Boston was successful with adoption of their tool because it targeted a real, existing behavior. Data and technology alone, without a defined user need, is a recipe for well-meaning individuals to spin their wheels. Instead, if we start by building empathy with real citizens, we can prioritize time and funding for solutions that help them meet their goals.
- Institutionalize Iteration
Design processes prioritize a period of ideation before a pursuing a solution. This runs counter to typical government software procurement processes that narrowly define specifications before a vendor is even selected which favors the type of legacy systems that built the original healthcare.gov. This purchasing approach also needlessly silos technology and data within municipal boundaries. With design thinking in mind, we can stop reinventing the wheel and make forward-looking iteration part of the deliverable.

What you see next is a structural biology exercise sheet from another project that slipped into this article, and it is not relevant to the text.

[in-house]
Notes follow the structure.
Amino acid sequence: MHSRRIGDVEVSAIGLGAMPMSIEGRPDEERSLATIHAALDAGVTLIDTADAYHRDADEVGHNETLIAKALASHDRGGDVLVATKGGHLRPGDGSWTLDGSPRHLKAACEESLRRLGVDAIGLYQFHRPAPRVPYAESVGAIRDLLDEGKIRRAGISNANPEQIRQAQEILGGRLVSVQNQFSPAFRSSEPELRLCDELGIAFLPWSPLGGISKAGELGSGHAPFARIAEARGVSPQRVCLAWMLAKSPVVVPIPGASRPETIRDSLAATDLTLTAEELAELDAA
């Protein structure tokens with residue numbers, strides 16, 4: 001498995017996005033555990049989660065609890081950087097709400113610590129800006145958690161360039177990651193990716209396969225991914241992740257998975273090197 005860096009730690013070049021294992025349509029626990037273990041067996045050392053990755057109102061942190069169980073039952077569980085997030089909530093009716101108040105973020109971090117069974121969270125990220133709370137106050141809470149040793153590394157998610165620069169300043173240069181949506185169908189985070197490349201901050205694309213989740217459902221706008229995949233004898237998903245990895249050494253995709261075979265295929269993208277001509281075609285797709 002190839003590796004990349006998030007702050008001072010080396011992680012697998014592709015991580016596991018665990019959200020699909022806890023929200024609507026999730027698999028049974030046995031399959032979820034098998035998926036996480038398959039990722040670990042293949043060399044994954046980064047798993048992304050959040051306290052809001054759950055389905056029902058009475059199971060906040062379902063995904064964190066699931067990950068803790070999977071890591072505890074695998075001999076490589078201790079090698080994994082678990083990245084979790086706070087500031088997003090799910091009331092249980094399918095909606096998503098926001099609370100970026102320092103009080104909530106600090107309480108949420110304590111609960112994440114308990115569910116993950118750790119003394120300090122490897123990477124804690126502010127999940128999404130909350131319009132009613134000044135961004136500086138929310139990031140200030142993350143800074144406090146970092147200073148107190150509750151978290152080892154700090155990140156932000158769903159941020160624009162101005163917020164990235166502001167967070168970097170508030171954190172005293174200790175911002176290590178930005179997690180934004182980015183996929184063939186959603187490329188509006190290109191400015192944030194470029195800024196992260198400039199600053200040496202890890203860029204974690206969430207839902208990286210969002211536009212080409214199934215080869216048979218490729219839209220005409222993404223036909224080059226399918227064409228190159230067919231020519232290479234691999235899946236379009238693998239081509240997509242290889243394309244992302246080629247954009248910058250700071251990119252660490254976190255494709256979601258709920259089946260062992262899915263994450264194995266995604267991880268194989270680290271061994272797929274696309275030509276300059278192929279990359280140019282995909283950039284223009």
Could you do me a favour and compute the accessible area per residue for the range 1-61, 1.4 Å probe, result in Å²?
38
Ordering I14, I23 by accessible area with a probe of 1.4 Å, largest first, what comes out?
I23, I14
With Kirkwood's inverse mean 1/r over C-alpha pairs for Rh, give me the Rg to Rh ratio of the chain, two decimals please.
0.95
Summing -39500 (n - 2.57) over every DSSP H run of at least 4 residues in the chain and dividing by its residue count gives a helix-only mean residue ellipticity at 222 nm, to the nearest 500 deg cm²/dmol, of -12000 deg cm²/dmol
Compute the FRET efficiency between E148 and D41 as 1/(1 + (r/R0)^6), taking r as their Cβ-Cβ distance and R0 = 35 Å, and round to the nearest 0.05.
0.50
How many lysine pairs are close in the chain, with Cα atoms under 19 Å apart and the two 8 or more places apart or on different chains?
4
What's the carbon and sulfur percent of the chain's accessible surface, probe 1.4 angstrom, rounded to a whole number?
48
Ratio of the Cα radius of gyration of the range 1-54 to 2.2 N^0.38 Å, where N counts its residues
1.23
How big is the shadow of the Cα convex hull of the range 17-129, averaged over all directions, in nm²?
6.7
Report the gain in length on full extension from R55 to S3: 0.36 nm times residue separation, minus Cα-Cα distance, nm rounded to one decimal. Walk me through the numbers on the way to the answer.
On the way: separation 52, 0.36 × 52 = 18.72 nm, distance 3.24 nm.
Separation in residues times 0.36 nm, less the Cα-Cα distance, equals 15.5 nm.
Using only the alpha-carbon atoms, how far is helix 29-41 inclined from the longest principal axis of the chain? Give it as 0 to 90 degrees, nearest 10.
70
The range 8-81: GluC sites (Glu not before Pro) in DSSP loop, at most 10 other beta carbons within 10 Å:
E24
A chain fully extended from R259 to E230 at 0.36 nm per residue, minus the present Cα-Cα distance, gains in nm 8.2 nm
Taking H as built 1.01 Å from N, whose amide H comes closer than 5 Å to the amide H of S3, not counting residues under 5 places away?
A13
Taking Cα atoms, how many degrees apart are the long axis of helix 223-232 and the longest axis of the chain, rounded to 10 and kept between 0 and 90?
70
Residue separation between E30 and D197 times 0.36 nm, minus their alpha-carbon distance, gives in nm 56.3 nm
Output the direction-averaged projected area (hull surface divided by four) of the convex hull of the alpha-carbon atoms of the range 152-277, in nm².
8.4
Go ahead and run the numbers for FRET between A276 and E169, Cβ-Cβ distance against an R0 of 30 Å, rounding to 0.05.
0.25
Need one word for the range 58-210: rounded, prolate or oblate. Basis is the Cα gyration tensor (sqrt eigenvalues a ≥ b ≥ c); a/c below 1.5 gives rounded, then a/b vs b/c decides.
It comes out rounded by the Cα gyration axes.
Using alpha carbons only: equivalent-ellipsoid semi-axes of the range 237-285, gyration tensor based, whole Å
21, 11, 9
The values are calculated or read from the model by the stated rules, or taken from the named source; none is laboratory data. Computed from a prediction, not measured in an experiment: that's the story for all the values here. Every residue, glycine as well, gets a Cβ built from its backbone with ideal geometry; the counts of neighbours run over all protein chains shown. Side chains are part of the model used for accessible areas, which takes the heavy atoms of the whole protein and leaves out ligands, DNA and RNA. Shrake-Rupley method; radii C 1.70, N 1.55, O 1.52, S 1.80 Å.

SaaS vendors are well suited to meet this challenge because the solutions are not static. We can continuously push added value, as user feedback, feature requests or new ideas emerge. When something works well, we can immediately deploy it across our subscriber base, reaching Californian urban centers just as easily as East Coast suburbs or small-town Idaho. And when something doesn’t work quite right, it’s not a dead end. We can course correct, test and release Version 2.0, without the rigmarole of a new RFP. “This will not happen overnight. It requires governments being more open to iterative learning and a willingness to ‘fail forward.’ In turn, the public must become more lenient with experimentation as government tries to act boldly.”